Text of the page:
People seem to be approaching SOA more and more as something that is resident in IT only, or even worse is where IT "understands" the business and builds things that are more responsive... without actually getting the business to own or define anything.
If SOA is going to actually make a difference to what is a failing industry then it needs to impact the structural problems, rather than just trying to deliver a new set of technology projects. 80%+ of IT spend is on "business as usual" aka "keeping the lights on" the support and bug fixing of current solutions, paying the maintenance licenses, patching things and generally just keeping them on life support. And then with the 70% or so of new projects that actually fail to deliver what was expected this means...
This means that around 6% of IT spend actually delivers new value to the business. This is fundamentally broken. Therefore if SOA is going to succeed it needs to help more projects succeed, and more importantly either reduce the 80% spend or help deliver more value for that 80%. This means that SOA truly has to be about how you govern and deliver IT, including how you continually deliver IT to the business once it has gone live.This is why I'd argue that SOA isn't even something that gets built, its something that becomes a part of your culture, it changes all aspects of your IT organisation. Otherwise it really just will be yet another techy idea that delivers little or no value down the line.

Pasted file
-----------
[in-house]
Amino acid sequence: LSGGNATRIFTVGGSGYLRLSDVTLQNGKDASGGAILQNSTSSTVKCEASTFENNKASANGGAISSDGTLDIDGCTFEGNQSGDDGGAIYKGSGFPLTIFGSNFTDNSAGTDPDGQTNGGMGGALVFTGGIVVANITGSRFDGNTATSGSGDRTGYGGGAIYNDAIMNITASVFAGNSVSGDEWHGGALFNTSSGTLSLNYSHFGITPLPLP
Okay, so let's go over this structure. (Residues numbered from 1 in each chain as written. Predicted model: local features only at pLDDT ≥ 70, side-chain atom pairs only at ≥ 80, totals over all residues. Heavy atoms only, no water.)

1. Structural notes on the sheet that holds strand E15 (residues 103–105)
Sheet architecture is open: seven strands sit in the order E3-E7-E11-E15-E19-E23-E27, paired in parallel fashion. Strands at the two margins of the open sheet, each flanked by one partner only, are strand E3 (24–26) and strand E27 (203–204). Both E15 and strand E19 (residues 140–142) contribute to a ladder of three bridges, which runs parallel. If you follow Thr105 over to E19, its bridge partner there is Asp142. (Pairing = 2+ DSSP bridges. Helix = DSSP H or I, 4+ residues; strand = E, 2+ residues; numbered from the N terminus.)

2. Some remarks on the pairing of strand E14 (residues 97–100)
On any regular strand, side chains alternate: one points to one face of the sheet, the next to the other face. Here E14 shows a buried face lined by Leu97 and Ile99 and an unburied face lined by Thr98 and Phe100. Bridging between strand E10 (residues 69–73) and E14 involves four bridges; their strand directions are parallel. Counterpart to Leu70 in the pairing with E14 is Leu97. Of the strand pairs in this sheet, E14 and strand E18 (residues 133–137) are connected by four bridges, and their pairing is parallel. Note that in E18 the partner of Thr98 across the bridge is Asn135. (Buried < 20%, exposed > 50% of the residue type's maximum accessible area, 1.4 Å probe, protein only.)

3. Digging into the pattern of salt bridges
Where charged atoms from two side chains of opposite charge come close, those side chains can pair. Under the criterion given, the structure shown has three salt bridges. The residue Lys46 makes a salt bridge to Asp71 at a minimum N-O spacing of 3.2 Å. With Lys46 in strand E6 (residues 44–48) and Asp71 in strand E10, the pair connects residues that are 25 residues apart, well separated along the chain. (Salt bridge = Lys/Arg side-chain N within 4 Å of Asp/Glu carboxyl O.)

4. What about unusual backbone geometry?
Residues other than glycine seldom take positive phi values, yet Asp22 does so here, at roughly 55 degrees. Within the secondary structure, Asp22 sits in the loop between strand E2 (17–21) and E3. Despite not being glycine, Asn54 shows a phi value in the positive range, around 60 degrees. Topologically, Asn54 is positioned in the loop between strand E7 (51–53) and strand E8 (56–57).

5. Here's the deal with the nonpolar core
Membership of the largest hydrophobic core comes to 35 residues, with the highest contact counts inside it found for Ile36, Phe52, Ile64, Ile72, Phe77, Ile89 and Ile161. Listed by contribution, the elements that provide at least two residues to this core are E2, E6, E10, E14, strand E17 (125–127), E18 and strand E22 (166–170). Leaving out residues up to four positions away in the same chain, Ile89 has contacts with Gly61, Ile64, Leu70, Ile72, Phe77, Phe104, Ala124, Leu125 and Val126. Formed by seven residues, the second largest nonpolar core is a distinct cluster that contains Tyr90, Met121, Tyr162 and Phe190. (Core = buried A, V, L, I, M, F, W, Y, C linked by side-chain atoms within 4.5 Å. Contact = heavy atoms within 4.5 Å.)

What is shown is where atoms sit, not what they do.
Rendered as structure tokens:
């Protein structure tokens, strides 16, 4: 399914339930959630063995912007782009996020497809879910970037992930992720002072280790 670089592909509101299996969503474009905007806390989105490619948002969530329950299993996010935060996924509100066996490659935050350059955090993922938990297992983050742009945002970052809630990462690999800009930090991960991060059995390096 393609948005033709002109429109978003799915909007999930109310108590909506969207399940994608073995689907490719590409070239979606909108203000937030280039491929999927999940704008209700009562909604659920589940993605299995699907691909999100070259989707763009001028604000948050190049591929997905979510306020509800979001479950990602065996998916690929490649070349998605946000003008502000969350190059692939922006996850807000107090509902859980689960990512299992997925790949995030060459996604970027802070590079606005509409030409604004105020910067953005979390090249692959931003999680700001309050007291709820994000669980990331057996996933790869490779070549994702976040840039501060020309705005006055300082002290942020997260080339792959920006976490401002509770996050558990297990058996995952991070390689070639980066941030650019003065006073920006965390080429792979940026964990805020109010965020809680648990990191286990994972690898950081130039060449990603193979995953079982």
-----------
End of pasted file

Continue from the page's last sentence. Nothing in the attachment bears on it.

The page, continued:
IT is a broken industry, it takes more than an ESB, some Web Services and changing some design guidelines to fix a problem this large.